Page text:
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dc.contributor.authorTakahashi, Makoto
dc.description.abstractG.K. Chesterton famously claimed that ‘art, like morality, consists in drawing the line someplace’. So too does much of radiological protection. At every turn, those responding to the 2011 Fukushima Daiichi nuclear power plant disaster can be found drawing lines, which determine: where people can live, what they can eat, and who receives additional protections (Potassium Iodide pills, for example). The essential questions of radiological protection pertain to how these lines are drawn. Questions regarding who has the authority to draw these lines, where, and on what basis are well recognised by scholars in this field. But those who advise on such issues in Japan today face an additional complication, in that the disaster has dramatically damaged the public’s confidence in experts. My interest lies in how actors interpret and narrate this political situation, and how expert bodies adapt to these conditions by improvising new performances of their credibility. This thesis examines how claims to expert authority are made in conditions of low public trust; focusing on the debates surrounding civilian radiation exposure in Japan. In so doing, it contributes to the disciplines of Political Geography and Science and Technology Studies (STS), as well as scholarship on nuclear politics and the Fukushima Daiichi nuclear power plant disaster, specifically. As the most severe radiological event since Chernobyl, this disaster has been selected for study on the basis of both its historic quality and its effect on the public perception of experts. Over four substantive chapters, this thesis uses the idiom of ‘improvisation’ to evoke the ‘performed resourcefulness’ of its actors; moving from an examination of actors’ competing efforts to ‘set the scene’ through their narrations of their disaster, to an ethnographic focus on how the prosaic performance of expert authority is adapted to reflect and influence these broader narratives. This thesis is organised thematically. Chapter Two outlines the methodological approach of the text, which draws on interviews, textual analysis, and participant observation, conducted over 11 months of residential fieldwork. Chapter Three examines the spatial metaphors actors use to frame the nuclear disaster, thereby framing the experience of radiation exposure. Chapter Four builds on the preceding chapter, exploring how the role of experts has been narrated in relation to the disaster’s imagined geographies. In particular, I examine how the common notion of Japan’s public debate as a battle against the irrational fear of radiation – to be fought by experts, who are to teach the public to “fear correctly” (tadashiku kowagaru) – is imbricated in the imagination of Fukushima as a national crisis. Moving from the macrosocial to the microsocial, Chapters Five and Six provide ethnographic accounts of expert workshops staged in Fukushima by two authoritative bodies: the OECD Nuclear Energy Agency (NEA) and the International Commission on Radiological Protection (ICRP). Both, I contend, are not only understudied organisations, but provide case studies in improvisation: the constitution of their workshop spaces being altered to reflect the organiser’s understandings of the disaster and the broader political situation.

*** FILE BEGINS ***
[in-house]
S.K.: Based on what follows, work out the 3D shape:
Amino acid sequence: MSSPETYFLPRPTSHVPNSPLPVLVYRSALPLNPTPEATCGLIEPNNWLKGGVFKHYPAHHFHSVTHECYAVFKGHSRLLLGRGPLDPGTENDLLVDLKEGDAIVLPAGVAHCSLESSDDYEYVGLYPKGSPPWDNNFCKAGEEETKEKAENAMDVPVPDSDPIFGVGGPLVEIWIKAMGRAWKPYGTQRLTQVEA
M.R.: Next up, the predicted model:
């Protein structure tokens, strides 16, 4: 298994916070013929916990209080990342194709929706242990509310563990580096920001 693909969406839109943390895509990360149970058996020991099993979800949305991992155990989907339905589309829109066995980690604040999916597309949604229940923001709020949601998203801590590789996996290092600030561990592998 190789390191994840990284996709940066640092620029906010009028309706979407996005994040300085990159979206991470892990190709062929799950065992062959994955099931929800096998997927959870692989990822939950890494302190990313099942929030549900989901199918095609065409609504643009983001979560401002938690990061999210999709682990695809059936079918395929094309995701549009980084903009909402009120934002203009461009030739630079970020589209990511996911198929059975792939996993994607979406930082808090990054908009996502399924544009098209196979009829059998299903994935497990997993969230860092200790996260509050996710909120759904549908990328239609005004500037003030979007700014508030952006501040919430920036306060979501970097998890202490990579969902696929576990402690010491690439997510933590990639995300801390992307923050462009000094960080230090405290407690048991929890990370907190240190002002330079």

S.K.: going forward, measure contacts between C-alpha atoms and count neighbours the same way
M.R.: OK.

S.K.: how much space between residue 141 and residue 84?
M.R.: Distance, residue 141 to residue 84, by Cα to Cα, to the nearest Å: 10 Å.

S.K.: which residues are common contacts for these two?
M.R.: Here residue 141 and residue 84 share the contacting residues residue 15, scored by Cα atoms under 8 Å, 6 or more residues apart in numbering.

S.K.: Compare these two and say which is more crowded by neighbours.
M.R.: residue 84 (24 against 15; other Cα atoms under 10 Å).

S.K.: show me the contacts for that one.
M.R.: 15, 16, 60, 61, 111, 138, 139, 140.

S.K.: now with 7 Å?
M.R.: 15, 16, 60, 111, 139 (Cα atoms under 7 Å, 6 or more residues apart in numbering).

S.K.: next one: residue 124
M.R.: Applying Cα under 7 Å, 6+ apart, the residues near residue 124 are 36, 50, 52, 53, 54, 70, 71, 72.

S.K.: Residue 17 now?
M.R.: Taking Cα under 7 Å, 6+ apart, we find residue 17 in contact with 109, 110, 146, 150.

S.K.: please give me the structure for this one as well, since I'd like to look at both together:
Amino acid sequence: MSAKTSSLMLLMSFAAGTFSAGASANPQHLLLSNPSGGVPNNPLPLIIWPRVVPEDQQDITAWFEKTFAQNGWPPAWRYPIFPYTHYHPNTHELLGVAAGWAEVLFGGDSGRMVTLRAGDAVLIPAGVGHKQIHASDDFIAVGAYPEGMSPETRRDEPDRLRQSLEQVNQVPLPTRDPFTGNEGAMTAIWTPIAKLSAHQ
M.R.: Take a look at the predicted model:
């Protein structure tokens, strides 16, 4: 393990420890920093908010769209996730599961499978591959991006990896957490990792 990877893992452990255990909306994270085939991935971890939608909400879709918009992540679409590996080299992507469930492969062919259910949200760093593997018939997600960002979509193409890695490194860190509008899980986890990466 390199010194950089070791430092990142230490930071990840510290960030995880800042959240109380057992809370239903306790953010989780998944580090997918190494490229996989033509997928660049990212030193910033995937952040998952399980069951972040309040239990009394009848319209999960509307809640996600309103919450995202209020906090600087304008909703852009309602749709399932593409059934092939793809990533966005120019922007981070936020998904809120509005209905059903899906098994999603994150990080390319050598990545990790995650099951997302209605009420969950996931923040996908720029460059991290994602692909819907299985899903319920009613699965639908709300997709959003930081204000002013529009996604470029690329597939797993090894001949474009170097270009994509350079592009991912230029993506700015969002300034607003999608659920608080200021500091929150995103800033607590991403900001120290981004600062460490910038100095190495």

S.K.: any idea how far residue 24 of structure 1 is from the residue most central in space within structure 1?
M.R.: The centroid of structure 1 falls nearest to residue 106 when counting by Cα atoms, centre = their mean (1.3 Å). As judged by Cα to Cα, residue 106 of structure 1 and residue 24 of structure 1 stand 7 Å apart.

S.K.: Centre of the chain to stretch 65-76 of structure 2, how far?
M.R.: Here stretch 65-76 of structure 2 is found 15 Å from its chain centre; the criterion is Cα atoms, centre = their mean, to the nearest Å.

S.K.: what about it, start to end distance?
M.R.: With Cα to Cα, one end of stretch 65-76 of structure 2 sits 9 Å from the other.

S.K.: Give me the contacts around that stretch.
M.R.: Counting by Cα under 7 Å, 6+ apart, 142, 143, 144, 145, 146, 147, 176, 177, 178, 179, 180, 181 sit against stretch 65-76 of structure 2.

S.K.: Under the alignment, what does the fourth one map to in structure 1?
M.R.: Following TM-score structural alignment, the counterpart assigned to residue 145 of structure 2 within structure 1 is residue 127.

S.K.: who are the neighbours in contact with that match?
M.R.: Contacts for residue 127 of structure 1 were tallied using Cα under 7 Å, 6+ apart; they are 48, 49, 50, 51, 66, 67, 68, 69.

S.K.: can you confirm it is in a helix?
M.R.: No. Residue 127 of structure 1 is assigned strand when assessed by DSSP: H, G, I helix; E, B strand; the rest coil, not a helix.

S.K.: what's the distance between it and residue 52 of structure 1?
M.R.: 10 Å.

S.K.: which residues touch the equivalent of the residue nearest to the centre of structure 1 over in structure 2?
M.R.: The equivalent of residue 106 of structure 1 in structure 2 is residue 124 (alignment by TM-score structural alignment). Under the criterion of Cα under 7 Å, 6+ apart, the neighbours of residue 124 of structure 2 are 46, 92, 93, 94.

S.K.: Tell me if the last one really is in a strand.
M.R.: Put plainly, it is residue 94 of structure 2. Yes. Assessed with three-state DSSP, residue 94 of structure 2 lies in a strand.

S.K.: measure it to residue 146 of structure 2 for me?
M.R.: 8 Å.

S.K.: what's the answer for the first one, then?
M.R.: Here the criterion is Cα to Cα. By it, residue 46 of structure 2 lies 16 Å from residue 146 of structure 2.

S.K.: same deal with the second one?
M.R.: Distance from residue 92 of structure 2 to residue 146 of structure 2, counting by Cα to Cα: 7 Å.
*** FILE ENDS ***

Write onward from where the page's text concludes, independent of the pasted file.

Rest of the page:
dc.rightsAll Rights Reserved
dc.subjectScience Policy
dc.subjectFukushima Daiichi
dc.subjectNuclear disaster
dc.titleThe Improvised Expert: Performing authority after Fukushima (2011-2018)
dc.type.qualificationnameDoctor of Philosophy (PhD)
dc.publisher.institutionUniversity of Cambridge
dc.type.qualificationtitleThe Improvised Expert: Performing authority after Fukushima (2011-2018)
pubs.funder-project-idESRC (1560363)
cam.supervisorJeffrey, Alex

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